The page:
0 ( +0 / -0 )

@Pukey2

I found it heavy, not because it was brown, but because it was Japanese short grain. Long grain, in general, is lighter, and doesn't give you that sugar rush.

No rice gives you "that sugar rush", because there's no such thing as a sugar rush.

Sugar is not a stimulant and contains no substance classified as a stimulant.

-1 ( +0 / -1 )

No dairy products especially cheese which is repulsive to many if not most Asians.

-3 ( +0 / -3 )

My husband will anything, but is repulsed by rice pudding. He did try to eat it once when my mother served him some, but gave up after one spoonful. The other stuff on the list he will eat, especially venison - he adores it.

0 ( +0 / -0 )

Has anyone ever put soy sauce on their rice?

Growing up in Hawaii, we did this all the time (and sometimes even ketchup), but yeah, in Japan it's considered bad manners to just put soy sauce on a bowl of plain rice. Add a raw egg, or some natto or something to turn it into a different dish, and you're all right.

1 ( +1 / -0 )

Wouldn’t sophisticates in Japan eat pretty much everything considered to be food without having a problem, if it was served at someone’s house, like cultured people everywhere? Shouldn’t the title be “10 Foods Not to Serve Japanese Bumpkins?”

3 ( +3 / -0 )

Has anyone ever put soy sauce on their rice? My Japanese girlfriend made some rice for us, at home. I put some soy sauce on my rice, and she was horrified. Is this typical?

Evidently it's a major faux pas.

1 ( +1 / -0 )

I have yet to see a good reason for genmai being more expensive than regular rice.

Ans I have to agree with a lot of the posters above. There are so many people here who seem actively scared of not trying any food they haven't been eating since childhood.

The white bread people go into raptures for in commercials? Utterly tasteless.

"Spicy" chicken, with scarlet flames flickering behind it in the posters? At best, a hint of chilli.

And the unique refrain of "We Japanese dislike lamb because smell is bad"? I can only surmise you're not Japanese if you come from Hokkaido, where lamb is rightly relished.

What you have is a whole lot of people who are scared to try unfamiliar food. I suppose it all combines with the ritual of removing joy from every aspect of life.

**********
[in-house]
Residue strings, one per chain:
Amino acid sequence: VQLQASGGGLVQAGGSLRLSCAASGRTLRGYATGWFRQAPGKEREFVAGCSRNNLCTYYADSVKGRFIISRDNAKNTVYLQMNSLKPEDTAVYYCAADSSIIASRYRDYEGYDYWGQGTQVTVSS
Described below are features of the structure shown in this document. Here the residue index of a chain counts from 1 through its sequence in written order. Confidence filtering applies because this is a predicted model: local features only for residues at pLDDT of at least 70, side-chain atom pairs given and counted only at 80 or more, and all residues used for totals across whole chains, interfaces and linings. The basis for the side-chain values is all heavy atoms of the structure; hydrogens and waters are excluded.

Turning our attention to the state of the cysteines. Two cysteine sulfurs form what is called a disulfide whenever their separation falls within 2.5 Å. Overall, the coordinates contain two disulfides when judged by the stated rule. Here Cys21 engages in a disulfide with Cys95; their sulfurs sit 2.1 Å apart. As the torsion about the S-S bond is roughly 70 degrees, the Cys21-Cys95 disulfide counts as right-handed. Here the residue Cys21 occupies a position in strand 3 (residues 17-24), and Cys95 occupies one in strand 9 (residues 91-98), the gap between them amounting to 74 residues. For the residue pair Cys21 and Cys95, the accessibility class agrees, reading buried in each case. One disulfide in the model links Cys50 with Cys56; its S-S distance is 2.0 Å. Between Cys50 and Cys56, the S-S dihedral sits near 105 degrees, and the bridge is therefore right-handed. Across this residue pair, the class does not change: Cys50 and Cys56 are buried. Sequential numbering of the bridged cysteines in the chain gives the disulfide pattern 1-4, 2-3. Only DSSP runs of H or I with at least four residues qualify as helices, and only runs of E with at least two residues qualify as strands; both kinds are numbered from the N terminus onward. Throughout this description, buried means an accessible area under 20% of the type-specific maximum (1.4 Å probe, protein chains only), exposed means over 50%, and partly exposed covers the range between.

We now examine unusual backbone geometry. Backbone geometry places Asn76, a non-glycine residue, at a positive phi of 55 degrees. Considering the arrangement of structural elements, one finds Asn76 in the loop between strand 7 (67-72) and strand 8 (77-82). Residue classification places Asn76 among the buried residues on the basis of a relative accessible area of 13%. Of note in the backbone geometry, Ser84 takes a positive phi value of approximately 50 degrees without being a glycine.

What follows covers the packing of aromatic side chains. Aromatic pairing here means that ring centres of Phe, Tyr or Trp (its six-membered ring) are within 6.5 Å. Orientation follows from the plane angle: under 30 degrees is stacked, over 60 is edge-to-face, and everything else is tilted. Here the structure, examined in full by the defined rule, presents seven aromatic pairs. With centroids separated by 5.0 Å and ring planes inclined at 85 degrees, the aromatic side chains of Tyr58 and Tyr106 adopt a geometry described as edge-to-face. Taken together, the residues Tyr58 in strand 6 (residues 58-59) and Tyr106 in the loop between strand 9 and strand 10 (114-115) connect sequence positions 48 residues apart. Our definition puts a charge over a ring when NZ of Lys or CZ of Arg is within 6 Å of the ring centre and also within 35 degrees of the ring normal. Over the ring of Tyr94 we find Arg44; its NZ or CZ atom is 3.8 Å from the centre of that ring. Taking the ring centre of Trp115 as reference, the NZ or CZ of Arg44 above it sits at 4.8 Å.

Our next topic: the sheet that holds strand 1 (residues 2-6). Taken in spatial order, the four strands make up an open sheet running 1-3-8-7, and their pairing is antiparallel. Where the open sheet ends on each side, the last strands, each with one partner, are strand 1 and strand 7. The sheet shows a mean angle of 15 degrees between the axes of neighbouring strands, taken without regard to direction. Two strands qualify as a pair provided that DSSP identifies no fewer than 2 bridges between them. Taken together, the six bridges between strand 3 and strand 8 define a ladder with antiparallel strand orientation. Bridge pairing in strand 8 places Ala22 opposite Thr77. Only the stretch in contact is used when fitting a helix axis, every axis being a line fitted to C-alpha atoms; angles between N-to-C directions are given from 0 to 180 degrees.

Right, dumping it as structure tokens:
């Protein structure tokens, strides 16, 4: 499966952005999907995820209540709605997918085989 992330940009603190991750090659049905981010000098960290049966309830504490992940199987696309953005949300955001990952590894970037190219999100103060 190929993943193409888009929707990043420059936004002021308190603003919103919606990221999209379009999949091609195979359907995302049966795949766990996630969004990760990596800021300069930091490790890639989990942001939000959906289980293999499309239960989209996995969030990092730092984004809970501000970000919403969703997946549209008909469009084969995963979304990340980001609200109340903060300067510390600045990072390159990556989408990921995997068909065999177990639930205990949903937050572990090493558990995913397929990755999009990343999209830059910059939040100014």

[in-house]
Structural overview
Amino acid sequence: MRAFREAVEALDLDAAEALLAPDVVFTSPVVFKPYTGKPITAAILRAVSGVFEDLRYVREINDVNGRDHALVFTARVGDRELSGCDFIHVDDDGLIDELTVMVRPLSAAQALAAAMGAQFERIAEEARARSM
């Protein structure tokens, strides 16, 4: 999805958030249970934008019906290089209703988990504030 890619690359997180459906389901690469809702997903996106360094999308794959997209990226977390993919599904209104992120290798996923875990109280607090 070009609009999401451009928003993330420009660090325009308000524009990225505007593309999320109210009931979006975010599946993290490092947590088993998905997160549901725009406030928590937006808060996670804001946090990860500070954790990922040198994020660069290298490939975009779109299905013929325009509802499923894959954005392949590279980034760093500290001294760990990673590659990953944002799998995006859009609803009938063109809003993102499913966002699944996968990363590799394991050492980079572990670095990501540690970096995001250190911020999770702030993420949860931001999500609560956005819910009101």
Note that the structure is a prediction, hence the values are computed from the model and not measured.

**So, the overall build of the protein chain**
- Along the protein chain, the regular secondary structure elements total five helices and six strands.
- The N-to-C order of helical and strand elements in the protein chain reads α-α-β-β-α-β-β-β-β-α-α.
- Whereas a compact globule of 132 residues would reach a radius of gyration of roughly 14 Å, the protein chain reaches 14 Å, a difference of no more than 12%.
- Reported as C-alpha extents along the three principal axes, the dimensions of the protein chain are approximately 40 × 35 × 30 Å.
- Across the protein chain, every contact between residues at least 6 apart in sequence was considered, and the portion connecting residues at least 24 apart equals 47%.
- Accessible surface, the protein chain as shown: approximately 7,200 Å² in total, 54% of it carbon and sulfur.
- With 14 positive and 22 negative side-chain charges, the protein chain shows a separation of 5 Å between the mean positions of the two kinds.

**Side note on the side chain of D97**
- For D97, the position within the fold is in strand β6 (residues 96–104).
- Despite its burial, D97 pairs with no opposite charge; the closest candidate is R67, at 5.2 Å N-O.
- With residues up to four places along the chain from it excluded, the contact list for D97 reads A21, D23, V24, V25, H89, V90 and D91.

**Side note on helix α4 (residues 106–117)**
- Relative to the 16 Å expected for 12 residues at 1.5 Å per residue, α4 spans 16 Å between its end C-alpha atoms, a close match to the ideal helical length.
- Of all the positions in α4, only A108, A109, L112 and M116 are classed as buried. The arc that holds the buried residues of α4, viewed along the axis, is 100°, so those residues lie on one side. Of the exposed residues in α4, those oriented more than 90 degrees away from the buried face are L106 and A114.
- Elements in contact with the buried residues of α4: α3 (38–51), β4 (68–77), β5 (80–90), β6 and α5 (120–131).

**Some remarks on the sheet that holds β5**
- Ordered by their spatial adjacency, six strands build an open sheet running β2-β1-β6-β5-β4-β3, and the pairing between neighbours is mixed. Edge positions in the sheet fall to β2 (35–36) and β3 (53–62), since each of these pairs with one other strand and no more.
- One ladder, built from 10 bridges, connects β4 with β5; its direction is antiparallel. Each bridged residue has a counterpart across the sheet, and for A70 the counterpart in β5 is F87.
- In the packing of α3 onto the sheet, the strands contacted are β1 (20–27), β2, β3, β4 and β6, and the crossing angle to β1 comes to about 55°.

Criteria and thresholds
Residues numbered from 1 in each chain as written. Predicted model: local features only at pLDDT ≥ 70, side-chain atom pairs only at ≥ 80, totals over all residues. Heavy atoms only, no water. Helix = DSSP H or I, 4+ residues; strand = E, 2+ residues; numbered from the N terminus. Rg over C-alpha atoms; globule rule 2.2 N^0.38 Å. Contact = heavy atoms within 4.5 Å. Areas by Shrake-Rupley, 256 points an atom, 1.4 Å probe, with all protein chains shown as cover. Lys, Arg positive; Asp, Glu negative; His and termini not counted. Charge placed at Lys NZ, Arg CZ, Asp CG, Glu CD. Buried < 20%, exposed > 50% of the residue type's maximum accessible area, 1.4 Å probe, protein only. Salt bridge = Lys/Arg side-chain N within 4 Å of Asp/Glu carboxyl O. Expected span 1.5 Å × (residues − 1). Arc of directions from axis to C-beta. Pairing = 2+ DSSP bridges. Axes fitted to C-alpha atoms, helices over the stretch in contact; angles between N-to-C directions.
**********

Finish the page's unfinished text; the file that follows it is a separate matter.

3 ( +3 / -0 )

Vegemite (though like many Japanese you can keep your Marmite). Though, with a bit of butter though I have seen quite a few people here say 'うめー!’

Also, once my ex-mother-in-law broiled grapefruit skins (the whole outside thick yellow skin) for me because I was not making sure every little bit of skin was off before eating it. No, I could not believe it either.

0 ( +0 / -0 )

Rabbit. Offer to cook them rabbit stew and they will react as if you are proposing to cook Mickey Mouse alive in boiling oil.

2 ( +2 / -0 )

So eating preferences are highly personal. Who would have guessed that when inviting Japanese over for dinner.

2 ( +2 / -0 )

wipeout:

I'm not surprised you found it too heavy. There's a reason why white rice is universally favoured over brown in countries where rice is the main staple.

I found it heavy, not because it was brown, but because it was Japanese short grain. Long grain, in general, is lighter, and doesn't give you that sugar rush. Unfortunately I can only get brown basmati when I go back home, but it's worth it because it (and every other type of rice) is so much cheaper at home. And I'll mix it with other grains like quinoa and wild rice. And I like the nutty taste over bland Japanese white rice.

1 ( +2 / -1 )

Interesting that genmai is on the list. We only use genmai in our shop and its normally only the a stuck up gg or 2 who turn there noses up. I once heard that in the past genmai was cheaper that shelled/white rice so as ever it comes down to status, personally i love it we get ours direct from a farm in Wakayama, yum yum.

3 ( +3 / -0 )

I heard that there is a "boom" in Japan for pakuchi ramen recently so I think the coriander entry might be a little out of date.

3 ( +3 / -0 )

I've found that almost all of my Japanese friends absolutely love my homemade pumpernickel bread. Any leftovers at a meeting they definitely put in a bag and take home.

3 ( +3 / -0 )

I used to eat 100% genmai at home, but eventually even that was just too heavy - switched to basmati and jasmine (even if it has to be white).

I'm not surprised you found it too heavy. There's a reason why white rice is universally favoured over brown in countries where rice is the main staple.

Jasmine rice has a very high glycemic index, so people who have issues with Japanese rice because they consider it unhealthy are not improving their nutrition by switching to jasmine, they're adopting something with even more of the nutritional drawbacks they claim to reject. If the nutritional qualities of rice are the priority, white jasmine would be ranked at the bottom.